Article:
Beyond a shadow of a doubt, there are a lot of tablets out there. You can find one that fits any type of niche you may be looking for, whether that's basically to consume content or create it, or just a little bit of both, there's a tablet out there for you. iOS-, Android-, and even Windows-based tablets come in all shapes and flavors, with different specs, features, and hardware design cues that will either speak to you or make you run away screaming.
Coincidentally, if you're a fan of Android tablets and Samsung-branded things, then luckily the company has you covered in just about every tablet category possible. They've got a wide range of sizes, specifications, and features -- all in the hopes that at least *one* of them speaks to you and your wallet. With so many options, it could be hard to pick one.
So, in the hopes of making it a bit easier, I've had my hands on the Galaxy Tab 3 8.0 from Samsung for the last several days, and I put it through its paces. How does TouchWiz work on a tablet? How does the Galaxy Tab 3 8.0 stack up to the iPad Mini? And, how does the tablet perform day-in and day-out?
Let's find out.
You could probably have guessed this, but the Galaxy Tab 3 8.0 looks like any other Samsung product that's been released this year (or even the year before, really). You get a plastic tablet, with a glossy back panel that absolutely loves your fingerprints. And so does the display, but that's not different from any other tablet.
The front of the device is dominated by the 8-inch display. It's a big display, and the resolution is set at 800x1280. That makes the pixel per inch count at 189. Comparatively, the iPad Mini's 7.9-inch display has a resolution of 768x1024, and a pixel per inch count of 162. I only bring up this direct comparison to reflect that the Galaxy Tab 3 8.0's display isn't great, but compared to the major competition, it's similar.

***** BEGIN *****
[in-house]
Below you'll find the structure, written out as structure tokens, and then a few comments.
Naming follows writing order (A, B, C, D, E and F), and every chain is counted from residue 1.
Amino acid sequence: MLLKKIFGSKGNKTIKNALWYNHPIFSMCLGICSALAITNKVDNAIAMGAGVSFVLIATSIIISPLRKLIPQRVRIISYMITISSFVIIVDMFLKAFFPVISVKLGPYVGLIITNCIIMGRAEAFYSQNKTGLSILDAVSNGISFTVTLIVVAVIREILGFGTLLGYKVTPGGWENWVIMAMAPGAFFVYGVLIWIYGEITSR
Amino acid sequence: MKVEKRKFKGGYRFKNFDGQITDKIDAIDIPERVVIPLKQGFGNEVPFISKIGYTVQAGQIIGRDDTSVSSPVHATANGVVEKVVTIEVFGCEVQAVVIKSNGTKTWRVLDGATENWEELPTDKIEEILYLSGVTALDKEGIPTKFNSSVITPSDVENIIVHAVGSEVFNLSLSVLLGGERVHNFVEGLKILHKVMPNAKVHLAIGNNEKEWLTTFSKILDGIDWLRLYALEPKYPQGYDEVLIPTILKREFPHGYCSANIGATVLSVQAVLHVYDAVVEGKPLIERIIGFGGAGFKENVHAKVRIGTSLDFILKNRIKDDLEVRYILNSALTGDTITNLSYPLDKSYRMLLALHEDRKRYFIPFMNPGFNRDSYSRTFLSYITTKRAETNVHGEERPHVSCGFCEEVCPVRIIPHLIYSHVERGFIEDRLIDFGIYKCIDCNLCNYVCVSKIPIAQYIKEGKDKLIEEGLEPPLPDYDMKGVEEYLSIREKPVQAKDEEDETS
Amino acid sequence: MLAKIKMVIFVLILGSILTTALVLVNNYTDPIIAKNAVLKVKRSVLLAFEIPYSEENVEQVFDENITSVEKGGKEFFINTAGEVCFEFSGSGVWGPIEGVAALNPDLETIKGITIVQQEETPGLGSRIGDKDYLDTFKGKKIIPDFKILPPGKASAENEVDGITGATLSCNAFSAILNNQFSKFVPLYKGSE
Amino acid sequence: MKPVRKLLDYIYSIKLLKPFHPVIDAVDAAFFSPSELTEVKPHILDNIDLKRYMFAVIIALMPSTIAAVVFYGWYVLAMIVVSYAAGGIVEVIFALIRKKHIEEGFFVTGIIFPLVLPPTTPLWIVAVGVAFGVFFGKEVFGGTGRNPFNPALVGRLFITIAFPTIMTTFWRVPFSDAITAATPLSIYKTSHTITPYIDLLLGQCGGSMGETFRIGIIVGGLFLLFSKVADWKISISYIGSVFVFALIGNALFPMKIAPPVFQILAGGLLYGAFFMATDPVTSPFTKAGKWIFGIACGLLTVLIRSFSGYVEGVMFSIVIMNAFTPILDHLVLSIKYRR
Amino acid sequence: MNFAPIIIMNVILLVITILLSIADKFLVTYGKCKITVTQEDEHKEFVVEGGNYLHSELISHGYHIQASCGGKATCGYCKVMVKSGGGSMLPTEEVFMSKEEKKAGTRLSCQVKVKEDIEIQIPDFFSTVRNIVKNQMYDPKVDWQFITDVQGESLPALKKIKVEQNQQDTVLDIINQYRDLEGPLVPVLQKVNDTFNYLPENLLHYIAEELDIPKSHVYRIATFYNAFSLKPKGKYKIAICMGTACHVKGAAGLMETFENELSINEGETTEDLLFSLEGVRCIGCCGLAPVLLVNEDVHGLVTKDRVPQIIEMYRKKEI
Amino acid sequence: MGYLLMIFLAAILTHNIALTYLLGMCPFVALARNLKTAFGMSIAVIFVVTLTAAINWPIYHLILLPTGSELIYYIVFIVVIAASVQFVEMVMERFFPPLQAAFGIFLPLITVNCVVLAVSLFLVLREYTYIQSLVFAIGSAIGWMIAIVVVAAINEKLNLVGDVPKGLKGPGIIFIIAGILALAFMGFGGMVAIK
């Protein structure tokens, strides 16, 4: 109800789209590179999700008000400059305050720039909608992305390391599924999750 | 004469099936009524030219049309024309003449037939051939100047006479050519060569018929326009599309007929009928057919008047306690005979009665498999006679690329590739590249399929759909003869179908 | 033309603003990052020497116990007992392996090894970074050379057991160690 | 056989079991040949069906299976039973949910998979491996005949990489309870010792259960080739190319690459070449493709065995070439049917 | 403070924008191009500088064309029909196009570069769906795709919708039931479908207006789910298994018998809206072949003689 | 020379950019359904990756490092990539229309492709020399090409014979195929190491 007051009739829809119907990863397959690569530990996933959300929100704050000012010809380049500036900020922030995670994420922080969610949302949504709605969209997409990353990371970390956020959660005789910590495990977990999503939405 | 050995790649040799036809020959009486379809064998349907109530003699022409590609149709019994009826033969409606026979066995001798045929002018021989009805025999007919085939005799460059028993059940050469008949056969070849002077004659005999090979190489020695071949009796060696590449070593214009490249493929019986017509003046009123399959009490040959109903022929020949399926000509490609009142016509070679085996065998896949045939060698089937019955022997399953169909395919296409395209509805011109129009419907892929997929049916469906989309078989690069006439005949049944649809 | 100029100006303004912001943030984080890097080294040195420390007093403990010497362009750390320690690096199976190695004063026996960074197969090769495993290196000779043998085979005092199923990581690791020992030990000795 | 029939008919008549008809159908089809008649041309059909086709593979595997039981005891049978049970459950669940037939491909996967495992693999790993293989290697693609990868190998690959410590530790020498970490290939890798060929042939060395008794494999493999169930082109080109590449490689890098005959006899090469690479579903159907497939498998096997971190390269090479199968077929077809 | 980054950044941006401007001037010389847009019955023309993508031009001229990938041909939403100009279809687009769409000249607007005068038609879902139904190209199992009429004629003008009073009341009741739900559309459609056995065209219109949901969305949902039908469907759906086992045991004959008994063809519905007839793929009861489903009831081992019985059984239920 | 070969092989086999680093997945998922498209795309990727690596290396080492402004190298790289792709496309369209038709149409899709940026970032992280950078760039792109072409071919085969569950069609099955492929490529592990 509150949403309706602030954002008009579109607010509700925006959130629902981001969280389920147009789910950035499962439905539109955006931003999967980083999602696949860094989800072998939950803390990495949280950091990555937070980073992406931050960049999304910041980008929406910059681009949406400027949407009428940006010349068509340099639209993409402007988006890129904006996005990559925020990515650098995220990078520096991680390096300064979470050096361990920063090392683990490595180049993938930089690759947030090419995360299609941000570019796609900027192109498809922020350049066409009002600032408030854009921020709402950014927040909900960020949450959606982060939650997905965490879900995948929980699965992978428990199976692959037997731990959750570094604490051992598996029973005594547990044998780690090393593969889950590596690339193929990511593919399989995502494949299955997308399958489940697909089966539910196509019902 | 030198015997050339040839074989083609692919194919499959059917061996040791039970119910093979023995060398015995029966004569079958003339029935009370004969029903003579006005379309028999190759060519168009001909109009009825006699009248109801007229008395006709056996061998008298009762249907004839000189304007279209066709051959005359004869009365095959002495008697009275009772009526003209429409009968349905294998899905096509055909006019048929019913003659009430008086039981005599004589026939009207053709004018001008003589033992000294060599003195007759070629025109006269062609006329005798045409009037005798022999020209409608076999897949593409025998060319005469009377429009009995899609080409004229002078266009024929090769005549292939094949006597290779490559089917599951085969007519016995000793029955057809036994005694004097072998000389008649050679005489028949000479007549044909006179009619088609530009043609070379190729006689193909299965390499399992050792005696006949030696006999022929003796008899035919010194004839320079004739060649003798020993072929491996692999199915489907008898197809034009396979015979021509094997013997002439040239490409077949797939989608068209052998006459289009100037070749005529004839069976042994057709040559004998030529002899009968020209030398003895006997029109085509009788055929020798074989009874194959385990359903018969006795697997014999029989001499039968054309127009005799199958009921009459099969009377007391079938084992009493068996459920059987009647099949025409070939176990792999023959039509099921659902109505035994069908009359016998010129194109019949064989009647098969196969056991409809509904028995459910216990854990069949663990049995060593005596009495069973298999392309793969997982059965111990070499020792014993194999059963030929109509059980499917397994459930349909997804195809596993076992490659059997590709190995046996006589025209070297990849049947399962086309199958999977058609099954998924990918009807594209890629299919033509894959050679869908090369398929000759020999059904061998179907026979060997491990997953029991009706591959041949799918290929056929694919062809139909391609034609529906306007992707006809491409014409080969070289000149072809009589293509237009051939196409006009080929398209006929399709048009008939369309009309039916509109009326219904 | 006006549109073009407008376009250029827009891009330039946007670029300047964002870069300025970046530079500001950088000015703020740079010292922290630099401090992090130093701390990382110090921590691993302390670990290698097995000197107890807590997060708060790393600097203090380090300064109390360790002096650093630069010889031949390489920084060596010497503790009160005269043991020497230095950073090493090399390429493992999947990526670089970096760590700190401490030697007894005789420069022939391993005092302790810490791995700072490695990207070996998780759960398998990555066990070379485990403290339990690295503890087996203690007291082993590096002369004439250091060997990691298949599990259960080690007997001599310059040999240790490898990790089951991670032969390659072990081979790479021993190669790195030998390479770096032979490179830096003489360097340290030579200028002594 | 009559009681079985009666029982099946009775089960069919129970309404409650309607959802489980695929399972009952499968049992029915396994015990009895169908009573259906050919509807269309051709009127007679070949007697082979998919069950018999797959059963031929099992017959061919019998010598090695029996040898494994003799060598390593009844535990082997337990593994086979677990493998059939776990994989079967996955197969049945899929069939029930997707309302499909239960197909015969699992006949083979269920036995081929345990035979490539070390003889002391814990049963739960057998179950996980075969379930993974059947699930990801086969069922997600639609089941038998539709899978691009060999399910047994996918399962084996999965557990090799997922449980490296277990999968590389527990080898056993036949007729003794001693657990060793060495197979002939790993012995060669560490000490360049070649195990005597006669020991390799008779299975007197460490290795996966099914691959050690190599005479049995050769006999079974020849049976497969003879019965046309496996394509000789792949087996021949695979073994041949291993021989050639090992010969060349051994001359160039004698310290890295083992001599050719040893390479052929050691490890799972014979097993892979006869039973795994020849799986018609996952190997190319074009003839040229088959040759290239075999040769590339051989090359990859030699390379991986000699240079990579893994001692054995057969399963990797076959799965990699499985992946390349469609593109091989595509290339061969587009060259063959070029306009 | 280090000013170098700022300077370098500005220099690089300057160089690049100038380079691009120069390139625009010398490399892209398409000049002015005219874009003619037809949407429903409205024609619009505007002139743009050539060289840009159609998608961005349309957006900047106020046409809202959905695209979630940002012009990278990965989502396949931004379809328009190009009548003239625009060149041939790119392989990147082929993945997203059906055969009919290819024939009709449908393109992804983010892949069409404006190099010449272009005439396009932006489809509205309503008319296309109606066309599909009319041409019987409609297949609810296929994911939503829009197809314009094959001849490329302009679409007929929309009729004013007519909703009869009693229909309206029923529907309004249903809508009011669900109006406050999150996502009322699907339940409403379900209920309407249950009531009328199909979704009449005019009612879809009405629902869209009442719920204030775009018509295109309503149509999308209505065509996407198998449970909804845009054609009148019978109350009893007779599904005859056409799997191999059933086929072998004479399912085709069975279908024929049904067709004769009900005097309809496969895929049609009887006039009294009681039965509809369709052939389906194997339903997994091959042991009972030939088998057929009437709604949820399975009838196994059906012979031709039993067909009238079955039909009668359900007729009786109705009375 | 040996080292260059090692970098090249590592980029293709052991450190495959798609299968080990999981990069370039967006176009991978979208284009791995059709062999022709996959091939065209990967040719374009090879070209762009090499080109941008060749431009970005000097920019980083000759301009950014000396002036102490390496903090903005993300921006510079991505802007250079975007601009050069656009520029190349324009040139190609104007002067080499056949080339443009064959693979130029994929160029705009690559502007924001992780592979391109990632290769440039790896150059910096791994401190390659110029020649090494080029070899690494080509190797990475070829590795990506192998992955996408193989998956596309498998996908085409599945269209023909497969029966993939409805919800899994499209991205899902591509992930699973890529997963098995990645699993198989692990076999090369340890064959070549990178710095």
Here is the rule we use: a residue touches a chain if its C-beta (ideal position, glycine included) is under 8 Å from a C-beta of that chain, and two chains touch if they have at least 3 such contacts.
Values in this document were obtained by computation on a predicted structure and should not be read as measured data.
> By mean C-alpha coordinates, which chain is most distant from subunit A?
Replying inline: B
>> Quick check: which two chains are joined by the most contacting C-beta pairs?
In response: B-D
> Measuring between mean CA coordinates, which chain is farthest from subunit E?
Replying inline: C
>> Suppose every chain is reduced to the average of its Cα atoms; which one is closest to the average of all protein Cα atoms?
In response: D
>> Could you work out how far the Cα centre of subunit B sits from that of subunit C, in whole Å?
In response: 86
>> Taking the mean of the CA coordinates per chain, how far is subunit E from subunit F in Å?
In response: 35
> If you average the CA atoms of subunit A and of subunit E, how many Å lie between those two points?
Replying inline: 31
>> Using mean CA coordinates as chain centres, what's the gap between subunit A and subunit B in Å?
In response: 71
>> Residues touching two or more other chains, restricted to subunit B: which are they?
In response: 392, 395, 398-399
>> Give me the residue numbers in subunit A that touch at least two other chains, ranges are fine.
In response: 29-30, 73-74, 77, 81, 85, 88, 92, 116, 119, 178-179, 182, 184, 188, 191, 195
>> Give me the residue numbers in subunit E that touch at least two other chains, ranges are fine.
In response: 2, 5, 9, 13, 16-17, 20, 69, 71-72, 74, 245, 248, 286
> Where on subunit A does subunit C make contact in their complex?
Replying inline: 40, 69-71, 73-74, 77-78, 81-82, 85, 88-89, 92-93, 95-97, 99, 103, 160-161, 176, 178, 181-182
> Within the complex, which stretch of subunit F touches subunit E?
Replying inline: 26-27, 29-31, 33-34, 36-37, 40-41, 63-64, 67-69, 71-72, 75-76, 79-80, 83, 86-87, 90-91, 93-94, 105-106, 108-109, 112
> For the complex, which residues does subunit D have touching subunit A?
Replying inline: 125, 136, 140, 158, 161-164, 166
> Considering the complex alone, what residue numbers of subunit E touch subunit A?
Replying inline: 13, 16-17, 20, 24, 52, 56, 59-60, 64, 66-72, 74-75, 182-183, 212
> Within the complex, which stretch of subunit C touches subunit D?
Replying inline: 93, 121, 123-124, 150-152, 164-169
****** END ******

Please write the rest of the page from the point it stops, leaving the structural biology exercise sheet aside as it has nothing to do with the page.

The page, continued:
Above the 8-inch display you'll find Samsung's regular brand placement. Right next to Samsung's self-promotion, you'll find the 1.3-megapixel camera. Below the touchscreen, there's the physical Home button, similar to what you'd find on a Galaxy S 4 or a Galaxy Note II. The physical button is flanked by two capacitive keys: On the left, the Menu button, and on the right the Back option. They're all just as responsive as they are on the smaller iterations of the Galaxy-branded device, and the physical Home key offers plenty of travel and feedback when pressed.
On the right side of the tablet, you'll find both the volume rocker and the Power button. This is probably my only real gripe with the physical design cue for the device. While this button layout may work on the Galaxy S 4, or even the Galaxy Note II, I found it to be ridiculously annoying on the Galaxy Tab 3 8.0. It's just too high, and in no way shape or form did I ever want to hold the Galaxy Tab 3 8.0 like I would hold a phone. It's not so much of an issue while holding the tablet in landscape mode, but I believe the placement could have been better at the top (or even the bottom) of the tablet.
The top of the Galaxy Tab 3 8.0 features the 3.5mm headphone jack, and that's it. The left side boasts the microSD card slot, which thankfully makes accessing the expanded memory slot a lot easier than previous tablet models. And finally, on the bottom, the microUSB port, which is flanked by the pair of stereo speakers.